Getting the job done

In my review of Phyllida, I made a reference to an average review it earned at Amazon with the caveat that the reviewer “stayed up all night to read the last two hundred pages, because I was engrossed with the characters’ stories.” To which my response was, that’s the mother lode.

I’ve thought a lot about this lately, what I pick up, what I put down. I’ll finish a book regardless; it’s just something I do. I can’t stand to leave a book unfinished, no matter how torturous. Also, I’m not one of those readers who has to be absolutely captivated by the first or third page. I’ll give an author a good 50 pages to live up to the blurb (which is what would have hooked me enough to buy it), sink that hook in my mouth, and reel me in. (Which is kind of a moot point anyway, since I’m going to finish it.)

Right now, I’m reading a series of Georgian romances (er, that would be when King George III ruled the world before he went nuts requiring the Prince Regent [aka Prinny] to step in his place, which then required every pannier-wearing woman in the Ton to adopt Empress Josephine’s habit of sheer slip dresses and oh, you gorgeous Regency empire-waisted dress, how do I love thee, let me count the ways!).

Oh. Ahem. Pardon my fashion drool.

Back to the series. I started reading book #2 inadvertently, got about 100/507 pages in (that’s on my eBookwise reader; I don’t know what that translates to for the dead-tree variety), then realized I’d mistaken it for book #1.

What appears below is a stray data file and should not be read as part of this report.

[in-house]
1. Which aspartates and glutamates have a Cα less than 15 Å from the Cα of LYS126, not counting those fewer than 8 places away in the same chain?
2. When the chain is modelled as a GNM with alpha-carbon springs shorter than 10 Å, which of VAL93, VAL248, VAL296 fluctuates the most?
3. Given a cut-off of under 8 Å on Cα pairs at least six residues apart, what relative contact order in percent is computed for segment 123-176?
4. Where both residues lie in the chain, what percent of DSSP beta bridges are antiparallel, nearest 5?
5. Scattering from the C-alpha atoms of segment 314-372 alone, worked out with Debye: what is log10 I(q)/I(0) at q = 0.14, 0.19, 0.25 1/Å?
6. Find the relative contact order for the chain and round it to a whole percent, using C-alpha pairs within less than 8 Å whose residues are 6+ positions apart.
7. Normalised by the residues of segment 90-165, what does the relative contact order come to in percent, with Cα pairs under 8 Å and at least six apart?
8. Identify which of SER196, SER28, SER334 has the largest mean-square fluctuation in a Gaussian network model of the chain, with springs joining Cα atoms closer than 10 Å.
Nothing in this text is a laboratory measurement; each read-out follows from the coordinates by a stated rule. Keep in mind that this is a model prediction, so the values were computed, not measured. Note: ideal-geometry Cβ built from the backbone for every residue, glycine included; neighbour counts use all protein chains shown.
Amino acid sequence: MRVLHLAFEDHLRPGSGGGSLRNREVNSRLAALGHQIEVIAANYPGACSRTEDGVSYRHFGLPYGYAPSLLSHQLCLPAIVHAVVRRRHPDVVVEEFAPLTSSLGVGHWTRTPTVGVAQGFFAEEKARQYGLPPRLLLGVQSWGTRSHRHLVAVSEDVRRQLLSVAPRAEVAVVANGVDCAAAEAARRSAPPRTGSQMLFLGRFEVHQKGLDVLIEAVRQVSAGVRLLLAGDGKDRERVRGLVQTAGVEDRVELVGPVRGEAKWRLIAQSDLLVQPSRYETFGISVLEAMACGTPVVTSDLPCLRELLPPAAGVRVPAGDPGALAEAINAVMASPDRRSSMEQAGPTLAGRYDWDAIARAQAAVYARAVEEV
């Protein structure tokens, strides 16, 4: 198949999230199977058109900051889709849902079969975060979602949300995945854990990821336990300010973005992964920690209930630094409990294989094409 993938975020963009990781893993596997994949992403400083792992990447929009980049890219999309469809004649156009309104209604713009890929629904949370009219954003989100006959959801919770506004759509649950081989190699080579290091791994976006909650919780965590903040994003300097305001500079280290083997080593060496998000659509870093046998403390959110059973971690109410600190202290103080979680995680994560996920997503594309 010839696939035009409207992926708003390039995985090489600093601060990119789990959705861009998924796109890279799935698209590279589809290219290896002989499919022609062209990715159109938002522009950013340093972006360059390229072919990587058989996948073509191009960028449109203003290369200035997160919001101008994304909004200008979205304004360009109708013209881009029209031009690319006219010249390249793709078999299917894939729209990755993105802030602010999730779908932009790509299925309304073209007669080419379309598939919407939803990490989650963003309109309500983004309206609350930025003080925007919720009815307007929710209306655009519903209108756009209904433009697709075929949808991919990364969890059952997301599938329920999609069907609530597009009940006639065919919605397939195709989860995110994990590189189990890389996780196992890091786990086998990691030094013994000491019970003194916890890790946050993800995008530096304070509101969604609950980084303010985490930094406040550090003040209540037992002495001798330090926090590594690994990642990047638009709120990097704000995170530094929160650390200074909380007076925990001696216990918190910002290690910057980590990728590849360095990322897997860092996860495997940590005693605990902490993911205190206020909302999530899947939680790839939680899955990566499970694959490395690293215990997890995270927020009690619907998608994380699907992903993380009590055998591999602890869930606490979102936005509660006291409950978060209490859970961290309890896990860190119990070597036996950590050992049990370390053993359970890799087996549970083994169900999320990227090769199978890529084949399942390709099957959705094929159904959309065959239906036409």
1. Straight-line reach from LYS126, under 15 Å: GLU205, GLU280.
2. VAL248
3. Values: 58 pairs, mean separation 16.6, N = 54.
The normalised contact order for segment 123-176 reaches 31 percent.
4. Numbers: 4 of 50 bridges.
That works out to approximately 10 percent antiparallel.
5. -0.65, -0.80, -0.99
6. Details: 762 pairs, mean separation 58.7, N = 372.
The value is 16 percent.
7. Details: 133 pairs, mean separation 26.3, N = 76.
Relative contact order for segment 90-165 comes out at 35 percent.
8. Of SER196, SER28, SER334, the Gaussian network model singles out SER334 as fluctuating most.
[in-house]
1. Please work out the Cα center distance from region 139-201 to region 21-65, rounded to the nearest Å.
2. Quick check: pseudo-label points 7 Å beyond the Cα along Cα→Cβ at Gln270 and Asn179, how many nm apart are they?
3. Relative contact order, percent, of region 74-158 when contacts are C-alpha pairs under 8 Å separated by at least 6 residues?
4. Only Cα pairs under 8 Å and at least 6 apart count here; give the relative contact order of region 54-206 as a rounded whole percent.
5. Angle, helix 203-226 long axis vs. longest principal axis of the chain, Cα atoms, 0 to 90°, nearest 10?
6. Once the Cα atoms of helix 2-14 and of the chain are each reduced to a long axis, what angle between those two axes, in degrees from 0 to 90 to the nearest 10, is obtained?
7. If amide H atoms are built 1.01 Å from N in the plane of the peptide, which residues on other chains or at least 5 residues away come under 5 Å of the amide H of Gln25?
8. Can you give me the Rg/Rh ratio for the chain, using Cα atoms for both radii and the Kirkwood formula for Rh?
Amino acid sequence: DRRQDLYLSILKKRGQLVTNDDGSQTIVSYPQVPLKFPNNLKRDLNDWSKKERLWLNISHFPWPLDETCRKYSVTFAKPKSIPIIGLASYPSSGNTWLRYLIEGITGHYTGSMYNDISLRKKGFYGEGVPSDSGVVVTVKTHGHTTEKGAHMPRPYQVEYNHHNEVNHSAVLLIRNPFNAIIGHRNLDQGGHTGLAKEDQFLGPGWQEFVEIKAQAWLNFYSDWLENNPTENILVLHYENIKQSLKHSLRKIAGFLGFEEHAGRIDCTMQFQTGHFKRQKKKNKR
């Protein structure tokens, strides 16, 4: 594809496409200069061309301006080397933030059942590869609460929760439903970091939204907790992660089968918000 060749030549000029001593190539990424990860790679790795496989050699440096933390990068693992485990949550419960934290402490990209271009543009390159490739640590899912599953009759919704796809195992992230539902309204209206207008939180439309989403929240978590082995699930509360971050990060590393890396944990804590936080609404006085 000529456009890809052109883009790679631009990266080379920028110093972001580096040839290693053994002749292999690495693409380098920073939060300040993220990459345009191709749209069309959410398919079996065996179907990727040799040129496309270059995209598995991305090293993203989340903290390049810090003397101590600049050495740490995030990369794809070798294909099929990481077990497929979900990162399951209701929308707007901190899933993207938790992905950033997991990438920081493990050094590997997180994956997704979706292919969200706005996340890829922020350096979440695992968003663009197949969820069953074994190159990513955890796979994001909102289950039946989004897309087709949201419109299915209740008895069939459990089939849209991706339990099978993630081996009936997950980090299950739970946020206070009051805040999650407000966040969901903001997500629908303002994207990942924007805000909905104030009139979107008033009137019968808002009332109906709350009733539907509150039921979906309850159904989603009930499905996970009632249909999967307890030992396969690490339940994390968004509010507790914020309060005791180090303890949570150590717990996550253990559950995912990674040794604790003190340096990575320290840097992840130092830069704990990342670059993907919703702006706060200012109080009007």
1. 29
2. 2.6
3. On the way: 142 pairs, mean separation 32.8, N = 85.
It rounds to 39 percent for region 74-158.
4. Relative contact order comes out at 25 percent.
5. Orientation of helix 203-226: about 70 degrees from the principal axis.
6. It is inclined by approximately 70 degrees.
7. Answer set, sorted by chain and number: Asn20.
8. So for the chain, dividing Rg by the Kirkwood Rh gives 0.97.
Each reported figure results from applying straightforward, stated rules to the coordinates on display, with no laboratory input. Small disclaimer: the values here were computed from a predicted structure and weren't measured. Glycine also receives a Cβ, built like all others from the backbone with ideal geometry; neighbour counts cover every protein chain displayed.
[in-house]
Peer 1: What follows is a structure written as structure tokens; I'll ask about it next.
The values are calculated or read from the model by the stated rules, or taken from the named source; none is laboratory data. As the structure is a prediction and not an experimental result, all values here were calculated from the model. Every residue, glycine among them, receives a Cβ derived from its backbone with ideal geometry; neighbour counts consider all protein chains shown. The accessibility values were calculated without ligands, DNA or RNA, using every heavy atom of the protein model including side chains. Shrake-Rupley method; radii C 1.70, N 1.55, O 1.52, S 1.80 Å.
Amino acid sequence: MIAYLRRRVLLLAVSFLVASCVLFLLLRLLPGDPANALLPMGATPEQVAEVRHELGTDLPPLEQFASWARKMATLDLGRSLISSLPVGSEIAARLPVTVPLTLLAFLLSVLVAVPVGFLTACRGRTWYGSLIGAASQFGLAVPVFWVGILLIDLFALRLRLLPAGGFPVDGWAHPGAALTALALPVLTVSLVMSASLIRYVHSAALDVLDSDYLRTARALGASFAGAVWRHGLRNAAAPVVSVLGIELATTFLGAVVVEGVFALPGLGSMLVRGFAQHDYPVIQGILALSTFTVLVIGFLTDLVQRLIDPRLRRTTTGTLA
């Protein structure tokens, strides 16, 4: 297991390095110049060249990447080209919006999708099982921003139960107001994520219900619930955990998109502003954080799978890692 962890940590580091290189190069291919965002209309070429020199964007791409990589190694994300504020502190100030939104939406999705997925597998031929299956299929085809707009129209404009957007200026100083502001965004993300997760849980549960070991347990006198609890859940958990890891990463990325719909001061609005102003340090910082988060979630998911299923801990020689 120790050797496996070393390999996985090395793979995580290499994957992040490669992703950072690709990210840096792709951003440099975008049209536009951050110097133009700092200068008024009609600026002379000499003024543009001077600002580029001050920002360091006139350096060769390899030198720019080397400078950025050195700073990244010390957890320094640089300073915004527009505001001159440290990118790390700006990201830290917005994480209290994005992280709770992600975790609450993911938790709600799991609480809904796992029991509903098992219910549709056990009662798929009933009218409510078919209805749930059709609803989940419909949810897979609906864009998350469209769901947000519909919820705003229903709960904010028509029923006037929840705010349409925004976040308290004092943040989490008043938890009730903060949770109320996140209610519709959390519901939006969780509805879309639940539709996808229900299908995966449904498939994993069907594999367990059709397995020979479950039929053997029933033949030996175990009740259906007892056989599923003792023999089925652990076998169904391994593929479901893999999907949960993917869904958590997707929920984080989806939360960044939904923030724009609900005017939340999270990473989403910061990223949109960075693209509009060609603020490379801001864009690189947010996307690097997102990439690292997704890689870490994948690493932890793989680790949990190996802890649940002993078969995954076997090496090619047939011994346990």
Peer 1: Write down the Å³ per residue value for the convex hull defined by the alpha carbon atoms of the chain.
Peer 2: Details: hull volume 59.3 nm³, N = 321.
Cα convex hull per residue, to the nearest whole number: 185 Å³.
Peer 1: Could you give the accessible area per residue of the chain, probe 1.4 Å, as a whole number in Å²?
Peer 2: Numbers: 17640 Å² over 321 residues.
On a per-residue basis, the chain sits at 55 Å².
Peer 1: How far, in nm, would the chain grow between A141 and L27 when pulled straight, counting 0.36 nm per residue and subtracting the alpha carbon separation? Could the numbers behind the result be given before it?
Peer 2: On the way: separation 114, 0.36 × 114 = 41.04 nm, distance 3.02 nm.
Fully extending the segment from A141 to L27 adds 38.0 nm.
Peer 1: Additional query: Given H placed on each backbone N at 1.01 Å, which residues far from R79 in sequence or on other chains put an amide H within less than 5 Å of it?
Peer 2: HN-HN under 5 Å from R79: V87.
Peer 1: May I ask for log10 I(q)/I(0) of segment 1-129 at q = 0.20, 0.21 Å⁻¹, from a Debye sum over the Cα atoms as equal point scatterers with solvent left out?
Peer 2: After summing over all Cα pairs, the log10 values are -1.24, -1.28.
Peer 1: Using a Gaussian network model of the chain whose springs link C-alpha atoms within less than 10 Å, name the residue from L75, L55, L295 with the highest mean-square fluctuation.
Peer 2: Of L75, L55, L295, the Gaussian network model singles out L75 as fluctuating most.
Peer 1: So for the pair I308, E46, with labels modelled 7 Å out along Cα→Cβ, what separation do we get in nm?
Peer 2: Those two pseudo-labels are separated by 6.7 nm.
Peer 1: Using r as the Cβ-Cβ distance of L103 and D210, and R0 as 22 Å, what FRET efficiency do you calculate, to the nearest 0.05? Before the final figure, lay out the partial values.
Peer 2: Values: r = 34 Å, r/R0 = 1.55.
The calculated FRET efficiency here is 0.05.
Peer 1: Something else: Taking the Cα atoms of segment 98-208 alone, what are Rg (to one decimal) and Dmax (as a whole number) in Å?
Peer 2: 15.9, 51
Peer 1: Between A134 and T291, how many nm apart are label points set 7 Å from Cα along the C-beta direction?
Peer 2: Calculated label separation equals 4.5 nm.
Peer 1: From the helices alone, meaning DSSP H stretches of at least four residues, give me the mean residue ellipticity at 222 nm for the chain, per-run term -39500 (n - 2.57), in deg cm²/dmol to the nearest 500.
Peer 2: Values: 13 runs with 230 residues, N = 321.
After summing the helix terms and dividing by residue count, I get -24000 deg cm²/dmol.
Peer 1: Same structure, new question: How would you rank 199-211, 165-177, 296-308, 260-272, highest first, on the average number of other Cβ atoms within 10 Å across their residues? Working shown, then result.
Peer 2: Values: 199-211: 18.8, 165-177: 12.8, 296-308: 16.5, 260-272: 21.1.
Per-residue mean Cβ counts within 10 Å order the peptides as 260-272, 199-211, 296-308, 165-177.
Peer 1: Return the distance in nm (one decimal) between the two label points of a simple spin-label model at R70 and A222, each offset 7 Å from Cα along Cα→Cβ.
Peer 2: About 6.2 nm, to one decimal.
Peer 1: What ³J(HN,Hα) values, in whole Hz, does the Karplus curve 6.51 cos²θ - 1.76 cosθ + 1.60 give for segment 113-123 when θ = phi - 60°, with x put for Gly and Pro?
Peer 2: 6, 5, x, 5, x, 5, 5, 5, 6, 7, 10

So let me address that one first.

It’s got problems that keep taking me out of the story. It’s not as well edited as it should be, I suppose, but that might be me being able to see the man behind the curtain and finding him neither handsome nor ugly but simply not to my taste. Too, books suffer when they’re edited with the goal of shaving word count, which is what I suspect to be the case here, but I understand that. Some days, it’s all about the budget.

On the other hand, even after I realized I was reading the wrong book, I still didn’t want to put it down to save for later so I could catch up.

Does that make it a good book? No.

It means the writer did her job to my satisfaction.

Now. On to book #1. It’s obvious the writer grew from book #1 to book #2, but I’ll tell you what. If I’d picked up this one first, I’d suffer through and not read the other ones I bought*. I’m only getting through this one to be able to pick up #2 where I left off. It’s got logical inconsistencies, continuity issues, language issues (as in, the language doesn’t fit the Georgian era), and a not-very-bright heroine. She’s not TSTL (too stupid to live), but one minute she realizes the hero’s issue and the next, she’s confuzzled. She shouldn’t be able to realize the hero’s issues one minute and then turn around and be bewildered when he acts consistently with those issues she’s already sussed out. Were it not for my slight OCD on the issue of finishing books, I’d just put it down.

Which means the writer didn’t do her job to my satisfaction.

*So I actually bought all 3 books in the series at once, plus her fourth book, which is the beginning of a new series (everybody writes series anymore; everybody reads and likes series–and I’m no different).

In the end, does it make a difference that I’m equivocal about this author if I already spent the money on every book she’s had published so far?

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